Anna Maria Ortese: Celestial Geographies ed. by Gian Maria Annovi and Flora Ghezzo (review)
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Reviewed by
Gian Maria Annovi and Flora Ghezzo, eds. Anna Maria Ortese: Celestial Geographies. University of Toronto Press. xii, 492. $90.00

The Italian writer Anna Maria Ortese (1914–98) had a "life of hardship and marginalization," and only in the 1990s did she surge to become "one of the most significant" Italian authors of the European Novecento. With Celestial Geographies – as we read in Flora Ghezzo's excellent introduction – she disembarks on the North American continent. Ghezzo proposes in her introduction a working model through which to navigate the diverse writings of "the dreamy thinker" via the lens of international magical realism – not just the magical realism coined by the Italian writer Massimo Bontempelli in the 1920s (nor the various theories of the fantastic). Ortese's writings, argues Ghezzo, defy rigid definitions: as a wandering nomad flitting among cities and genres, she "transcends that which she touches, always positioning herself on the slippery slope of the liminal and the in-between." Indeed, Ghezzo clarifies, Ortese's multiform writing is "far more restless and tragic, dreamlike and visionary, melancholic and baroque" than a restrictive magical realism and displays affinities with Goya's delirious realism, Turner's architectural dematerializations, and the Spanish Baroque's atmospheres, extending beyond national cultures and geographical latitudes and over an extended temporal arc from modernism to postmodernism. "Celestial geographies" define multiple interpretative directions for approaching "Ortese's transnational legacy."

In this beautifully articulated collection, the essays are related through a "logic of resonance" that succeeds in sensing the unexpected mobility of the writer's singular poetics. The first of the book's four parts considers Ortese's unsettling gaze toward urban contexts: Lucia Re opens Part One with a new reading of Il mare non bagna Napoli via the cultural context (the city's "inhuman conditions of life that persisted in the 1950s," the Neapolitan narrative tradition, the Italian neorealist season): if the book was controversial and its publication attacked as "an act of nearsightedness," Re studies the very metaphor of "nearsightedness" with an exquisite close reading of the book, and in particular of the short story "A Pair of Glasses" in which the cognitive force of the "humble act of looking up close can restore authenticity and humanness to vision." Andrea Baldi studies how Ortese's reportages in Milan during the 1950s and 1960s denounce the predatory modernity that mobilizes the writer's solidarity with the oppressed "as a wondering intellectual through the ruins of modernity"; Cristina Della Coletta, pairing Hannah Arendt's figure of the "conscious pariah" and Ortese's expression of the "non-consenting ones," illuminates how the visionary poetics of Il mormorio di Parigi inhabits a hybrid and anachronistic utopia transcending the grammar of inclusion and exclusion toward the quest for "concrete changes via political praxis and social engagement." [End Page 194]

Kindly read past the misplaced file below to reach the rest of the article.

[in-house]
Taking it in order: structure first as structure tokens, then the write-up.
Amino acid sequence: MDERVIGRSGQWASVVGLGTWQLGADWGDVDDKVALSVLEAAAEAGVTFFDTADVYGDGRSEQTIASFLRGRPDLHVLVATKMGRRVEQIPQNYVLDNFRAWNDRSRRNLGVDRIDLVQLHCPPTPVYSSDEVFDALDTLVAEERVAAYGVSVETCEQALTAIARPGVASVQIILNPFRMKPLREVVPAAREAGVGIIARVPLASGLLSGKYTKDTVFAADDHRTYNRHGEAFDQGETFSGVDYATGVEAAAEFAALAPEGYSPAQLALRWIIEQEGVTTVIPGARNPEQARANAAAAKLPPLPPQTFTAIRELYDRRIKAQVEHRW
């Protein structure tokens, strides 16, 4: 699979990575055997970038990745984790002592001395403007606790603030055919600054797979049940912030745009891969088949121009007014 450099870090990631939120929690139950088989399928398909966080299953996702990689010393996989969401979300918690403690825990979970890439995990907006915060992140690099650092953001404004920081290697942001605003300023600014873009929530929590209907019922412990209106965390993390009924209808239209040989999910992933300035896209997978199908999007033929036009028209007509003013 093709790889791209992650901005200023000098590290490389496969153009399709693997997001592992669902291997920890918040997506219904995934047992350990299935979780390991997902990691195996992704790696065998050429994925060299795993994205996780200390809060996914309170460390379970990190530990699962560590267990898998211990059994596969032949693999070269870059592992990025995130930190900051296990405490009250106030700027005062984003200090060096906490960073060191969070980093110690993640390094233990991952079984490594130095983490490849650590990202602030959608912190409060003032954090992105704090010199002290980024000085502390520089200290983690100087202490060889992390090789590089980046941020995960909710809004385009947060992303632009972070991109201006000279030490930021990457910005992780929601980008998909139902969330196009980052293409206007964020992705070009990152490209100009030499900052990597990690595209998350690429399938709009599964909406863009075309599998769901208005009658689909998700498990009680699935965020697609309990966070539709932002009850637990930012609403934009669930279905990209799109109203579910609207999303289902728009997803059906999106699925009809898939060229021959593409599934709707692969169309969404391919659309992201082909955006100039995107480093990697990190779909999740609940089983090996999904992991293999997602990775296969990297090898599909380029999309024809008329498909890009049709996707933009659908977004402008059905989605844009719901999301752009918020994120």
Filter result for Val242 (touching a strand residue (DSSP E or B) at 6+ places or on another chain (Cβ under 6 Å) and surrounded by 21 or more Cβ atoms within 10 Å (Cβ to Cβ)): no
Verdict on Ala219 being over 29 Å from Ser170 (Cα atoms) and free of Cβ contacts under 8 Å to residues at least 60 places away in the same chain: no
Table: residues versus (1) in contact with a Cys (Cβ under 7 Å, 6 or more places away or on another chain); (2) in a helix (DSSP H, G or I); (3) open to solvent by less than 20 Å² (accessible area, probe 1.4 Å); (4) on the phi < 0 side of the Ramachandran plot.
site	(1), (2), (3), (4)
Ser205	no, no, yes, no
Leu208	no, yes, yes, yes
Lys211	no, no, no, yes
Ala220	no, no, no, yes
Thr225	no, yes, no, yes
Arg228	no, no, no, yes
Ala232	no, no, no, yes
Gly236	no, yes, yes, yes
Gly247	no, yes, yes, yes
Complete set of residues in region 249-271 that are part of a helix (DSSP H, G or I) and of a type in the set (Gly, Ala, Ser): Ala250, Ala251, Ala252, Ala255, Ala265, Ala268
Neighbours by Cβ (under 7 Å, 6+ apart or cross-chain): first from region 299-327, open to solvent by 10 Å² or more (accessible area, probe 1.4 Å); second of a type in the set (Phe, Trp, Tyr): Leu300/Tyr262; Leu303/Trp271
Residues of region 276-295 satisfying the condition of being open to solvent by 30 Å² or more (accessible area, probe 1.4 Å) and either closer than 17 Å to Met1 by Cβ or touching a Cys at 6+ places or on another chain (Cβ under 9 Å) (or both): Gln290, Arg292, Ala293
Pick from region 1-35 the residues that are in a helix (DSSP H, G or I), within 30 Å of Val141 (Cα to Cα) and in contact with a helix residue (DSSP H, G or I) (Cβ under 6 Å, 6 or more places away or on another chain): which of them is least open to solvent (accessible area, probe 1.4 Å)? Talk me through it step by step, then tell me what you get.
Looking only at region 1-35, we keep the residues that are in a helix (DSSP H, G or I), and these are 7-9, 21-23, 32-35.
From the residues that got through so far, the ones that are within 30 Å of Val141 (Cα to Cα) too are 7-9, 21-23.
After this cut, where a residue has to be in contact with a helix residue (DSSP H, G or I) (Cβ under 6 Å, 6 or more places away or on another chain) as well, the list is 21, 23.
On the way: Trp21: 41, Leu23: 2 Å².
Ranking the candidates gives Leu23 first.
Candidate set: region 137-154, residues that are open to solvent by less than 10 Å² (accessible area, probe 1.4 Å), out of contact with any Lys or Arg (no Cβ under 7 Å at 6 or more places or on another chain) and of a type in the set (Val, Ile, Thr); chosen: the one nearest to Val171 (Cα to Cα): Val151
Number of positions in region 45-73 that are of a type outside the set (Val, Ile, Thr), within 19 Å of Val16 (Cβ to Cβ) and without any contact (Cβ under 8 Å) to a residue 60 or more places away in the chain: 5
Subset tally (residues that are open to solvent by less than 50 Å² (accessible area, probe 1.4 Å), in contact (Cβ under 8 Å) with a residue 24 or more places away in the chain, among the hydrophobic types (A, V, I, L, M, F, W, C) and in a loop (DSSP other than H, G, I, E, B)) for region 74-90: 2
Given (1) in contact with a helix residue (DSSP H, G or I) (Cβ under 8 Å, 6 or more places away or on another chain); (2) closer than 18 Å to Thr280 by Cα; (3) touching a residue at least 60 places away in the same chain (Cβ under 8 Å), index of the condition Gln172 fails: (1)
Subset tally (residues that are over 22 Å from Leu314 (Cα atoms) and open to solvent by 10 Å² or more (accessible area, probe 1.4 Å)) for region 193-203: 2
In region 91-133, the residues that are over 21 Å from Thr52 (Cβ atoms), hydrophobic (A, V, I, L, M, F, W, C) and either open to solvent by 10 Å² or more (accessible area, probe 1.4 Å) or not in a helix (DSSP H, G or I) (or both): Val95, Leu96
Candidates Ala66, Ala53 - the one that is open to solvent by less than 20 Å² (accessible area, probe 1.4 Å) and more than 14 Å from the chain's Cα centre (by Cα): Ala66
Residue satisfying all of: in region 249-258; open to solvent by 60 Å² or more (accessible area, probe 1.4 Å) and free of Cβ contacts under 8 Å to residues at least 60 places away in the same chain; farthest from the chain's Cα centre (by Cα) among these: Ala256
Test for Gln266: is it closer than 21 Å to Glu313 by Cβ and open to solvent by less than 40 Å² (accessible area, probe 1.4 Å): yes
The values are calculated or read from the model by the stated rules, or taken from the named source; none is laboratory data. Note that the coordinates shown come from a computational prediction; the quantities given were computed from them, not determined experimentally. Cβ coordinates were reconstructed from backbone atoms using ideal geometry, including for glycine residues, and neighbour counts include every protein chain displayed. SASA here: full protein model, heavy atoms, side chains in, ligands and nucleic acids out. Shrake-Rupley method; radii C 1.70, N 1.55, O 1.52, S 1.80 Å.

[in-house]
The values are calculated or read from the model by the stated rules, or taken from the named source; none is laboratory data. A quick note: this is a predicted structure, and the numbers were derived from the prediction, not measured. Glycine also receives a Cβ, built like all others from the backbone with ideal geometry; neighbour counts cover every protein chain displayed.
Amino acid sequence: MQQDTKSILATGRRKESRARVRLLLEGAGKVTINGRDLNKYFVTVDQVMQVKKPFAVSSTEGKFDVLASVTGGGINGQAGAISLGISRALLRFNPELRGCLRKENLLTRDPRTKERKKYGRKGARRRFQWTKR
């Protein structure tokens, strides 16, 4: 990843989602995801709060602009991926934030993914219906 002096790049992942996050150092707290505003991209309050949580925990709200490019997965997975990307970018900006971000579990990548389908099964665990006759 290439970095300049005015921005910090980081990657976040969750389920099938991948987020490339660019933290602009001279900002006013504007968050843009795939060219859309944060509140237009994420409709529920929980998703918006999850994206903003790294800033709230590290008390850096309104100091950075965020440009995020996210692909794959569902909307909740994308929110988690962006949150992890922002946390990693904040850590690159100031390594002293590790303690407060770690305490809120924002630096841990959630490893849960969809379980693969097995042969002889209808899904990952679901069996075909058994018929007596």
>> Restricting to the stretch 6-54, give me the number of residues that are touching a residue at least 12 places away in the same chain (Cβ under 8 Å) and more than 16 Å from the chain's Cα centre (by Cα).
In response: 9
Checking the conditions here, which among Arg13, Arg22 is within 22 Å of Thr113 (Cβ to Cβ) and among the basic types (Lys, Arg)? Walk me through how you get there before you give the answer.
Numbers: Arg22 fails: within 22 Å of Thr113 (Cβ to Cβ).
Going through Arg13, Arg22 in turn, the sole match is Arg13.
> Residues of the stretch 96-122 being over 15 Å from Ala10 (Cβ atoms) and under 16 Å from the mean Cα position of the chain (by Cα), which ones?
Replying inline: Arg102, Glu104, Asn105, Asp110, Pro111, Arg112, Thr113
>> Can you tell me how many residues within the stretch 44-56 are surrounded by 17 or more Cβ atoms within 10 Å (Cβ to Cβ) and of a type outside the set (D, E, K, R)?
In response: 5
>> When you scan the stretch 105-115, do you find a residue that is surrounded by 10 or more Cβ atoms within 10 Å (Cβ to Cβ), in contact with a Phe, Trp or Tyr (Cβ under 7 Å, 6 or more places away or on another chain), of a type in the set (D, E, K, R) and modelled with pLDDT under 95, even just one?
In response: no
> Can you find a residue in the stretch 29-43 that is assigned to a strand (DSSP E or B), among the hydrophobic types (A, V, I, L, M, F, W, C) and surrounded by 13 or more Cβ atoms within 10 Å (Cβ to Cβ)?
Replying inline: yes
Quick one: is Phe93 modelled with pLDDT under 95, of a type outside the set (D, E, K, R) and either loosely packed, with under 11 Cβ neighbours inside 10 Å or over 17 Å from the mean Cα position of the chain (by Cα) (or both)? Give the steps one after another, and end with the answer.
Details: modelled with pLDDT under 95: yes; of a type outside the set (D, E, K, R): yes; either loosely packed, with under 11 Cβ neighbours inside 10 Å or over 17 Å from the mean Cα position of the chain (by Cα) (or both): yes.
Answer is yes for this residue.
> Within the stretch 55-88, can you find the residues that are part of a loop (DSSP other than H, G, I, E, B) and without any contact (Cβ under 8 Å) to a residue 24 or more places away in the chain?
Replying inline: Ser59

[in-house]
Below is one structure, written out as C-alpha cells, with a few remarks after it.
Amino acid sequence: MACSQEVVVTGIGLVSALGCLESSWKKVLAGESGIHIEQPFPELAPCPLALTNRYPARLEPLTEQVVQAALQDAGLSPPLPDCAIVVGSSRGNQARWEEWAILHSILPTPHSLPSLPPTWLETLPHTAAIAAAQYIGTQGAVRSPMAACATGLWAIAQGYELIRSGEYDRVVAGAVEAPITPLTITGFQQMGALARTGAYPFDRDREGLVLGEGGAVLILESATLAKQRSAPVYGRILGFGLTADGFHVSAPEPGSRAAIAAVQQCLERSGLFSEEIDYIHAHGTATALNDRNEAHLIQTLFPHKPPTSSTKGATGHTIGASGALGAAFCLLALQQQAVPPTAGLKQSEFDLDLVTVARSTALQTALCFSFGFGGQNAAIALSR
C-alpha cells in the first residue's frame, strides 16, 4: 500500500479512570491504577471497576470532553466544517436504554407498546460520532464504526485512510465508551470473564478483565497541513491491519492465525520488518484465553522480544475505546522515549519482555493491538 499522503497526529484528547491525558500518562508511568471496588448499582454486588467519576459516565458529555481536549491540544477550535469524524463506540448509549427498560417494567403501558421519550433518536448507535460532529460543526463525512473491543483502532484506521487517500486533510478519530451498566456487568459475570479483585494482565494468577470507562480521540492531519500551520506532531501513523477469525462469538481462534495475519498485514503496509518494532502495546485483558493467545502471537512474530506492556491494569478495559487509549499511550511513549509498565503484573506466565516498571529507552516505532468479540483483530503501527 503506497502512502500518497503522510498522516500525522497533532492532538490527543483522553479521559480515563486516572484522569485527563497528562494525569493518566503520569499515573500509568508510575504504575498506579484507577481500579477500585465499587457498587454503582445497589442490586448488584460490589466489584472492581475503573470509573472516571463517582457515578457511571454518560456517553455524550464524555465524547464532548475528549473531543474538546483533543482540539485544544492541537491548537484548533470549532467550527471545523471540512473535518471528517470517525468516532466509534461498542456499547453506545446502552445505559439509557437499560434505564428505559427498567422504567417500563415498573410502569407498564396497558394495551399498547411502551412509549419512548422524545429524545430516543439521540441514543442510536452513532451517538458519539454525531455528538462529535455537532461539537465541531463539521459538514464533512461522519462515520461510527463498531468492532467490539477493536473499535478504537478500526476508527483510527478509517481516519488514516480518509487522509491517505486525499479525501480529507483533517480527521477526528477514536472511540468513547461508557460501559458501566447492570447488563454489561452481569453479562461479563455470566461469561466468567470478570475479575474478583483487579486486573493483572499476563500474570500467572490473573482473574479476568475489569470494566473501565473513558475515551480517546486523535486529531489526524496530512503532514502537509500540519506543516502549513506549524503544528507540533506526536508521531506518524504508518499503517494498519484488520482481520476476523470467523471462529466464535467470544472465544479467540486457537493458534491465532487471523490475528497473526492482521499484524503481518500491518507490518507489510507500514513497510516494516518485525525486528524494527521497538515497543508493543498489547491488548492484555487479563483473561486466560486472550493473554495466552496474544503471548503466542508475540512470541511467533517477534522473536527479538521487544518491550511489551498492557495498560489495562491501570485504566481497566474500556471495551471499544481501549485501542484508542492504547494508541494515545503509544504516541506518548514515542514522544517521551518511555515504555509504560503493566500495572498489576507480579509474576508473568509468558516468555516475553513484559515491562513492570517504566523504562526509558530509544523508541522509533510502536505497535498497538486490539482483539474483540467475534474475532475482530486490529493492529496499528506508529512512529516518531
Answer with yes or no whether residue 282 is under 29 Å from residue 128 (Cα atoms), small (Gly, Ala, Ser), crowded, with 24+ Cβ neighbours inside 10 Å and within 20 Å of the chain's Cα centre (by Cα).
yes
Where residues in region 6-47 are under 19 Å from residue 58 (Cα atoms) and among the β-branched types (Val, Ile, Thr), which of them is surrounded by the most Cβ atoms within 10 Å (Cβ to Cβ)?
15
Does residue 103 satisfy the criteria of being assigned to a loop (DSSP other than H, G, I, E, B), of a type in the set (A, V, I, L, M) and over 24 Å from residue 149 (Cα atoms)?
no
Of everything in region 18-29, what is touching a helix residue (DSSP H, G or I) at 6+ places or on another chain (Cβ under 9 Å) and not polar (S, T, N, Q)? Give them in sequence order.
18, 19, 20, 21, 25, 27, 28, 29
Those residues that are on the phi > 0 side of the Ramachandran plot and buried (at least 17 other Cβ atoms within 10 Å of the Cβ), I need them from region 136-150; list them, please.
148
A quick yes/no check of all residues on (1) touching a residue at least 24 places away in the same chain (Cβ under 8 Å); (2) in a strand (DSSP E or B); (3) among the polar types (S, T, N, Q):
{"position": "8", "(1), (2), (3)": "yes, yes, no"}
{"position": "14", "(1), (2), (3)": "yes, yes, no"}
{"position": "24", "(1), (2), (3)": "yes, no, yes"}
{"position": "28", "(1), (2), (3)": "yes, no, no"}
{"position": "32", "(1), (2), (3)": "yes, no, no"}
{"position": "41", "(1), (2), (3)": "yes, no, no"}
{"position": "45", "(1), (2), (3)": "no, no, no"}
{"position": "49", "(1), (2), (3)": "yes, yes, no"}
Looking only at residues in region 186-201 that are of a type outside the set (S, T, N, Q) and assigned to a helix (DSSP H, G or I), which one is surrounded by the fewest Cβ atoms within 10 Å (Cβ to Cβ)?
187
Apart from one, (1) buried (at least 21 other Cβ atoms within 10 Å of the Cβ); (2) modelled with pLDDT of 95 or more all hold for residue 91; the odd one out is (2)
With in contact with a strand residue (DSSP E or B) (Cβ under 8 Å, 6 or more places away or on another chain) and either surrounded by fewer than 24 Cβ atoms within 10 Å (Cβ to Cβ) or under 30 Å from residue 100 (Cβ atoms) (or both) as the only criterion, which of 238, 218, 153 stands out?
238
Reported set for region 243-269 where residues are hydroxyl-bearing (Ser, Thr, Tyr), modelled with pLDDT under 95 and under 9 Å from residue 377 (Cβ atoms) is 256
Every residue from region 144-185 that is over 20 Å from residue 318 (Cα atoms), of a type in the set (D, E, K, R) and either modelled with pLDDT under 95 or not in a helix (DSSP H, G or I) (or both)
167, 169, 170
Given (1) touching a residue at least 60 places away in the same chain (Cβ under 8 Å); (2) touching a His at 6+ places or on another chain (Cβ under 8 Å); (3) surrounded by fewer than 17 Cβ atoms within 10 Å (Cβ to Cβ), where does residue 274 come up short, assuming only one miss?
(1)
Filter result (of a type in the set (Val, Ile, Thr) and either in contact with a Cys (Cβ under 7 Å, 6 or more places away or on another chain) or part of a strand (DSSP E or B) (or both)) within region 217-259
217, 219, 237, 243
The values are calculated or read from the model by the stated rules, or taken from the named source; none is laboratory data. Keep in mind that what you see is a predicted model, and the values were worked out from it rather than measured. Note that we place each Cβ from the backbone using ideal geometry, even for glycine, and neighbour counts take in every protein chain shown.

The second part illuminates how Ortese's "autobiographical project" performs multiple moves between self-presentation and dissimulation: Amelia Moser studies letters to Bontempelli that display how the "uneducated" young writer's self-storytelling brings to life multifaceted and fantastical representations of the self; Luigi Fontanella, situating Ortese's first short story collection, Angelici dolori, within the cultural climate of the 1930s, reads it as an "unstable yet extremely personal" springboard from which the writer will take flight; Flora Ghezzo embarks on a study of Il porto di Toledo that emphasizes a paradoxical temporality that brings readers into a moving fuga temporis for which impermanence is a sea-changing experience of the self.

In the third part, the essays plunge into Ortese's later novels, marked by ethical and ecological thought paired with an allegorical aesthetics that deconstructs narrative structures and genres from L'iguana up to Alonso e i visionari; Gian Maria Annovi delves into L'iguana, exposing cross-cultural and allegorical references that weave it together, and does so with a critical apparatus spanning from Gayatri Spivak's postcolonial critical legacy back to colonial discourse to affirm how Ortese "fully accepts and thus represents the Iguana's marginality, preserving her unique otherness."

The fourth part concludes the collection brilliantly with Monica Farnetti's splendid overview of Ortese's "uncommon" literary criticism and with a rare dialogue from...


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